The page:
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4 times I should have acted like my toddler at work

4 times I should have acted like my toddler at work

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Jamie Wiechman kids

Jamie Wiechman's two children playing.

One of the most enjoyable parts of parenthood is watching my kids transition through different stages of learning and development.

Before I had my first son, Austin, I couldn’t have imagined how much fun it would be to watch his little brain slowly recognize his colors or grasp the concept of having friends at school.

My favorite thing to do after picking him up from daycare is ask him about his day. Ninety-nine percent of the time, he tells me it was good and that he ate biscuits and played with his friend, Layla.

Jamie Wiechman mug

Jamie Wiechman is a mother and stepmother of two children living in Omaha with her husband, Seth. She’s also the proud mom-to-be of a precious little boy and works in marketing in the financial industry.

He says the same thing every day, even if that isn’t what he did. He then talks to himself for the next five minutes of the car ride. It’s fascinating, and my only wish is that I had a mounted camera in my car to capture every last bit of it.

Recently, I’ve realized that I can actually learn a thing or two from his behavior. In fact, if I acted like a 2-year-old at work, I might even be more successful. What if the phrase “You’re acting like a toddler!” was actually a good thing?

Here are some key behaviors I’m hoping to mimic at work:

My toddler doesn’t hold onto the past.

The other day at swimming lessons, Austin lost his grip on the side of the pool and went underwater for about two seconds. He proceeded to cry hysterically for about 20 seconds and within a minute was back to splashing around in the pool. This mama, on the other hand, was completely traumatized.

When it comes to issues at work, I admit I’ve felt the need to hold onto a thing or two from the past. Maybe I just need to be like Austin and forget about it and jump back in the water with reckless abandonment.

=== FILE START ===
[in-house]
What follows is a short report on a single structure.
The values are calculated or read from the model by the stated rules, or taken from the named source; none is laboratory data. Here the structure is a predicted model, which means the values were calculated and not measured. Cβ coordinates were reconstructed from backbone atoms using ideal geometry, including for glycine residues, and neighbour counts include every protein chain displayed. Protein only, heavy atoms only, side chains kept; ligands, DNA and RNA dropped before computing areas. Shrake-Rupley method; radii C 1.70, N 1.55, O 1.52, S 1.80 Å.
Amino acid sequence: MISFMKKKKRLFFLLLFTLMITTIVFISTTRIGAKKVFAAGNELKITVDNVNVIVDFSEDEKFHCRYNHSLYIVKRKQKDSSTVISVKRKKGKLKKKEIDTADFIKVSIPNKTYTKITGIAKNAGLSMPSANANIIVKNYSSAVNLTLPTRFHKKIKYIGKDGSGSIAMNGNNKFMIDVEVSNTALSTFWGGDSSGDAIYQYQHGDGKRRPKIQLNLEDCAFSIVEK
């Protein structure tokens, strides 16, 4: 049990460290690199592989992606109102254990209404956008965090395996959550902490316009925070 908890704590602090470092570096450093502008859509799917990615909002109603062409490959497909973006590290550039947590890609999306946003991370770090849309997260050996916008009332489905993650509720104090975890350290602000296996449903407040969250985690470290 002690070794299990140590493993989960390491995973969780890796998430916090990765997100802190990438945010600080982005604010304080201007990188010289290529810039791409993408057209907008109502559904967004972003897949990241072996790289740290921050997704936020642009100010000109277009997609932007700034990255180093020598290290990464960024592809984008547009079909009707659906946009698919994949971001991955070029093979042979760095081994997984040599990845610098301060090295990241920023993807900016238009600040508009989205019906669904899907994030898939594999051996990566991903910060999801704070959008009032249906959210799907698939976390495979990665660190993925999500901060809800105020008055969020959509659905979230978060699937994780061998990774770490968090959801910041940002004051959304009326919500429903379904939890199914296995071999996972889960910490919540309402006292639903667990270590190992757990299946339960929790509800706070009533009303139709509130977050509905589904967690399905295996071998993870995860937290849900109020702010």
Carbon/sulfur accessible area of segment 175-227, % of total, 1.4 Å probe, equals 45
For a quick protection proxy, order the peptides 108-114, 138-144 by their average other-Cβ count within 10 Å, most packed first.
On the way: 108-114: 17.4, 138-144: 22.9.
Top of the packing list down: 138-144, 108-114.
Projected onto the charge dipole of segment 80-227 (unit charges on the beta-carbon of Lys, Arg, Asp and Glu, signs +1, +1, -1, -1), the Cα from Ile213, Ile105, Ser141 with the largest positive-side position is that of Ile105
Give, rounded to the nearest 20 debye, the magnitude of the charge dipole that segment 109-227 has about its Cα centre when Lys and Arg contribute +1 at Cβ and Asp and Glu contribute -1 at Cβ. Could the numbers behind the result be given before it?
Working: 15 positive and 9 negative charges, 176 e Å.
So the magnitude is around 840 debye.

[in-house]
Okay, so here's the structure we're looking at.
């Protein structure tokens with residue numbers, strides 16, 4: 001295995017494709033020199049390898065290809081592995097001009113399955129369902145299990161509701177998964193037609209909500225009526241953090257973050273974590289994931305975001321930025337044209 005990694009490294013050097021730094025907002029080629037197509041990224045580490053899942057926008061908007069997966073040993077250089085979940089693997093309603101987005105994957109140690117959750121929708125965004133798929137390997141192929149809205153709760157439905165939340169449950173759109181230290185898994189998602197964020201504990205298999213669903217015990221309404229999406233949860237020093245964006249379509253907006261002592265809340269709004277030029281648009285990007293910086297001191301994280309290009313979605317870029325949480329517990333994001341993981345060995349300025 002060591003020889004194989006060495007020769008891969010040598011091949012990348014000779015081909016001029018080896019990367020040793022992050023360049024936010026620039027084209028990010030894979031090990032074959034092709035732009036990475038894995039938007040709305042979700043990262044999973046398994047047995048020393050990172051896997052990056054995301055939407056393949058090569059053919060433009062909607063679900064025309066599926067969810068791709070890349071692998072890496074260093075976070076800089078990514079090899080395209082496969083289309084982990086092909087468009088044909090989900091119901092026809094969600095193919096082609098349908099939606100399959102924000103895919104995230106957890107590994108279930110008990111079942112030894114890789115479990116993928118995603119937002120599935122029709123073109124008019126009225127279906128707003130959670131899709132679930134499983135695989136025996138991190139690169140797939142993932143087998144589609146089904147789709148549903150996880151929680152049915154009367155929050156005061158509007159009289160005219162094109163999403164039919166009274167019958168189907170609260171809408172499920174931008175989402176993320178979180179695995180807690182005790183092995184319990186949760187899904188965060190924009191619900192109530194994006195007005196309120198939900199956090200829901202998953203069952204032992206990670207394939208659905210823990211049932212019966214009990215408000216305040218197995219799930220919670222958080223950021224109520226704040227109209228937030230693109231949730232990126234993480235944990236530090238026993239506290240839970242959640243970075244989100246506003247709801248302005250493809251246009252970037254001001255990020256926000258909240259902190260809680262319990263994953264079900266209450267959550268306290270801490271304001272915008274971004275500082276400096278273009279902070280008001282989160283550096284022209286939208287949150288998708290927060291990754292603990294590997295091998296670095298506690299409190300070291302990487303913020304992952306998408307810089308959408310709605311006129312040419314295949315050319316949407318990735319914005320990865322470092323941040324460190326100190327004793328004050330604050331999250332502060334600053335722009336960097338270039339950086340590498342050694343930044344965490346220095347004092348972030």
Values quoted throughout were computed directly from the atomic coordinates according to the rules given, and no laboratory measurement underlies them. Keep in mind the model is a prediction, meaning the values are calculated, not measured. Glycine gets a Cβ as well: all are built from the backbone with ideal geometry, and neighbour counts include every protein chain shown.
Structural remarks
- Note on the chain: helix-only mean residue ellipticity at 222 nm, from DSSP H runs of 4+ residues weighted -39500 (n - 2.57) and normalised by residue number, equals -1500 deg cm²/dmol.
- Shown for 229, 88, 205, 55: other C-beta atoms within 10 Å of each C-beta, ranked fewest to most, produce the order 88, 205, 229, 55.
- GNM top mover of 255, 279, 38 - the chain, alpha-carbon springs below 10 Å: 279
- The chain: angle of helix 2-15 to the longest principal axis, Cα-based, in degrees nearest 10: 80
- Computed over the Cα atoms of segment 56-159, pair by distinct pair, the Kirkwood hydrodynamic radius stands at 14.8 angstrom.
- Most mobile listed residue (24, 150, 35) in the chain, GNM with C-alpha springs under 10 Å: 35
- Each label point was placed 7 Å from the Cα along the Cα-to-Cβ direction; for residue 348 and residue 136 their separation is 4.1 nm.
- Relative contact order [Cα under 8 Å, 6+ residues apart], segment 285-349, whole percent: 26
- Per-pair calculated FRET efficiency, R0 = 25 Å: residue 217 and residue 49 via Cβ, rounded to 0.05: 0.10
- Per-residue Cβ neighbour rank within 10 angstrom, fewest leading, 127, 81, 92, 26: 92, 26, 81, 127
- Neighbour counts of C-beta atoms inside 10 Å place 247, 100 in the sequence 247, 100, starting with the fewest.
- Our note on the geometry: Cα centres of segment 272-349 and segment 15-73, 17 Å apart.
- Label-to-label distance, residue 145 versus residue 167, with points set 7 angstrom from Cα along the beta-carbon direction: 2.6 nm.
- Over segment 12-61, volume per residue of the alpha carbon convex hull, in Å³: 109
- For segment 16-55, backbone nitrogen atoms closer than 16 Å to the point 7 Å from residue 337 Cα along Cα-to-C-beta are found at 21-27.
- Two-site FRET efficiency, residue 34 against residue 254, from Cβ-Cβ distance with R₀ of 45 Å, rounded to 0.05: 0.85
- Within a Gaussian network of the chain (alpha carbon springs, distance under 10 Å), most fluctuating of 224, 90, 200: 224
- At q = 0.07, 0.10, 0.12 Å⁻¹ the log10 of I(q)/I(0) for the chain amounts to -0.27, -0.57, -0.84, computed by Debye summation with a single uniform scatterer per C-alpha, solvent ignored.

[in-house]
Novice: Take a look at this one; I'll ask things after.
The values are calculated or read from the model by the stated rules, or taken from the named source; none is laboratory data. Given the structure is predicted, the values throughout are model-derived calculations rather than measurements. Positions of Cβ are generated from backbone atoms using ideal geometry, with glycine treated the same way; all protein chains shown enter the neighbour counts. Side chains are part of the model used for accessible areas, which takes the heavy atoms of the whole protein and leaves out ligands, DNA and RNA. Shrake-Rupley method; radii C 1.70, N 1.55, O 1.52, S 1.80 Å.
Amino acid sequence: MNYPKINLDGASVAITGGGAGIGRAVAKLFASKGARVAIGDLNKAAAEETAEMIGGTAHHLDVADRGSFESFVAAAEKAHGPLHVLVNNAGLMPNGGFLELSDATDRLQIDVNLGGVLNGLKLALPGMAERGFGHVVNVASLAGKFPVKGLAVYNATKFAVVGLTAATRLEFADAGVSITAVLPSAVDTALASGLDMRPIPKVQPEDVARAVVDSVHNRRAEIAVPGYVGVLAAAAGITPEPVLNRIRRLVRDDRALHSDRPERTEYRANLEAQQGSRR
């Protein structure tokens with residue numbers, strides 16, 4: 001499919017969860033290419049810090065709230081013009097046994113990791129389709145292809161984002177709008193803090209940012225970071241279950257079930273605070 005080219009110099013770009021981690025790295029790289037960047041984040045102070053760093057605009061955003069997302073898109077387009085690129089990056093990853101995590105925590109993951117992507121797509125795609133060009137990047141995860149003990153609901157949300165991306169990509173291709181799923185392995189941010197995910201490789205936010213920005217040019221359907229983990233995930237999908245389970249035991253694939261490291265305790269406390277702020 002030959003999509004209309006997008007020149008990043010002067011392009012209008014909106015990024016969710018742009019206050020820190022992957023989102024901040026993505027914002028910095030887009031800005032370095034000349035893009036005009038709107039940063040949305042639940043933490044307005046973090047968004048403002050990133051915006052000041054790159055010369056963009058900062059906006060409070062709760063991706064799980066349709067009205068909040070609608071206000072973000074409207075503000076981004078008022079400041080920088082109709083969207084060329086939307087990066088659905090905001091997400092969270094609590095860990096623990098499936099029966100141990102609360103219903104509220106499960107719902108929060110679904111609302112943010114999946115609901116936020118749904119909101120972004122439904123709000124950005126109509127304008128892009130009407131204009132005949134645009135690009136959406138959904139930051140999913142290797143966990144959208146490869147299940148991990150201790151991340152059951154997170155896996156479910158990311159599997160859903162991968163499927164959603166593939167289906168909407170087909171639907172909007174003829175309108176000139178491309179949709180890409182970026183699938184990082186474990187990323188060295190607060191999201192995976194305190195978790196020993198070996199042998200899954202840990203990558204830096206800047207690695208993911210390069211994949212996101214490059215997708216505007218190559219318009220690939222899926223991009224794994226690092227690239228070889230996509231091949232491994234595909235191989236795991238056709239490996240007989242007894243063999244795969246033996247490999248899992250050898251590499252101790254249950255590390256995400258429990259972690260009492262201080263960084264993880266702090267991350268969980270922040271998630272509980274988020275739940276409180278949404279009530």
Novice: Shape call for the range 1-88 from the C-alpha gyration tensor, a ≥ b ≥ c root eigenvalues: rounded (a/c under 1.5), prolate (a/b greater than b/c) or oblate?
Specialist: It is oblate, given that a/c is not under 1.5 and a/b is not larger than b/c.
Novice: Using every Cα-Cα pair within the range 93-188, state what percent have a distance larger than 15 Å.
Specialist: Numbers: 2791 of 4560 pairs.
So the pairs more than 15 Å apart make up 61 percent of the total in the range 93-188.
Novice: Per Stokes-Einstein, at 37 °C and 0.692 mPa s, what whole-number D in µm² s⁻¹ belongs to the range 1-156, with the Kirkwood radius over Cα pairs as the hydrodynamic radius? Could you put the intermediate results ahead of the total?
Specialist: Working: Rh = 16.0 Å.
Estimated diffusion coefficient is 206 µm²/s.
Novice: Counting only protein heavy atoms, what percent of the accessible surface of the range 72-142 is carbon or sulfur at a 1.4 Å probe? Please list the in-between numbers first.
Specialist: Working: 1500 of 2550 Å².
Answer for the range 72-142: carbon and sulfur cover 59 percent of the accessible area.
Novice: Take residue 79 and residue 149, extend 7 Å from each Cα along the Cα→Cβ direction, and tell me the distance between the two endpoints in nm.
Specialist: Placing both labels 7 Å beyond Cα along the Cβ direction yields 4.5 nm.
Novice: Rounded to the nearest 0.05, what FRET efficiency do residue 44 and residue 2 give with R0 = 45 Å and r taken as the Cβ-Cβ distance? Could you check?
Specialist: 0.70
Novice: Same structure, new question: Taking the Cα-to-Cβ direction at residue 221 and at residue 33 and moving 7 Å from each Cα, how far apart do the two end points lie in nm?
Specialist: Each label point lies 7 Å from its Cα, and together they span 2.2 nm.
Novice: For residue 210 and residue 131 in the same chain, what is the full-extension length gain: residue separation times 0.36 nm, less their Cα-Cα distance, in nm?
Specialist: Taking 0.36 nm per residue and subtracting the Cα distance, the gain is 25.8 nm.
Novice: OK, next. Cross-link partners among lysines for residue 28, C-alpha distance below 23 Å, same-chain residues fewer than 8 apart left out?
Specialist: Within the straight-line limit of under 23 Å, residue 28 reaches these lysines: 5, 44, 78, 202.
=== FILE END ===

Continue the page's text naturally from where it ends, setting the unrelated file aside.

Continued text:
My toddler doesn’t always feel the need to share.

Since his little brother joined our family seven months ago, I have constantly been emphasizing the importance of sharing to my little one. But sometimes it’s not really necessary.

For example, recently his sister was playing with his train “Pop It Fidget” (the new “it” toy for toddlers and tweens alike), and he exclaimed, “Mine!” Sitting next to his sister was a tub of 15 of her very own “Pop Its.” So, in this instance, Austin was right. He didn’t need to share. I always feel the need to share in the workplace when it comes to sharing credit for an accomplishment. But sometimes, if I deserve the sole credit, then it is absolutely fine not to share. In fact, I can think of many situations where sharing credit resulted in me downplaying my achievements to my detriment.

My toddler unabashedly shows his love to everyone.

About a year ago, Austin learned how to blow kisses, and it is probably one of his favorite skills. He blows kisses to me, his father and “sissy.” He blows kisses to his grandparents. He blows kisses to his teachers and his friends. He blows kisses to a stranger he just met minutes ago. When it comes to kisses, he’s not afraid to spread the love! Those little kisses are so earnest and pure. Without fail, they make the day of even the grumpiest people.

Blowing kisses at work would likely be problematic for a number of reasons. However, most workplaces could use a little more love. There’s no need to compliment people for the slightest achievement, but if compliments are equivalent to Austin’s kisses, perhaps I can spread the love a little more. I am going to try to give a few more compliments to warm some more hearts at work. There is simply no downside to doing so.

My toddler is remarkably resourceful.

We just got something from Amazon that came in a giant box. The item itself was not for Austin, but looking at the box, he certainly thought it was Christmas morning. For a week, the box was his entertainment while his many toys and iPad gathered dust. His favorite part was having his big sister pull him around in the “car” using a blanket.

At work, sometimes it’s tempting to resort to big expensive tools to climb my way out of a challenging situation. But when I refer back to the basics, I’m generally more pleased with the outcome and learn more lessons to use in the future.

The best is yet to come, and I’ll be watching, waiting and learning as my little boy takes in this great big world. So, the next time you see me, I may just blow you a kiss. Hey, it works for Austin!

***

Jamie Wiechman is a mother of two young, rambunctious boys and stepmother to a tween girl living in Omaha with her husband, Seth. She works in marketing, and in her spare time, she enjoys exploring new fitness adventures for moms and finding ways to make parenting more attainable and manageable for everyone.

Omaha World-Herald: Momaha

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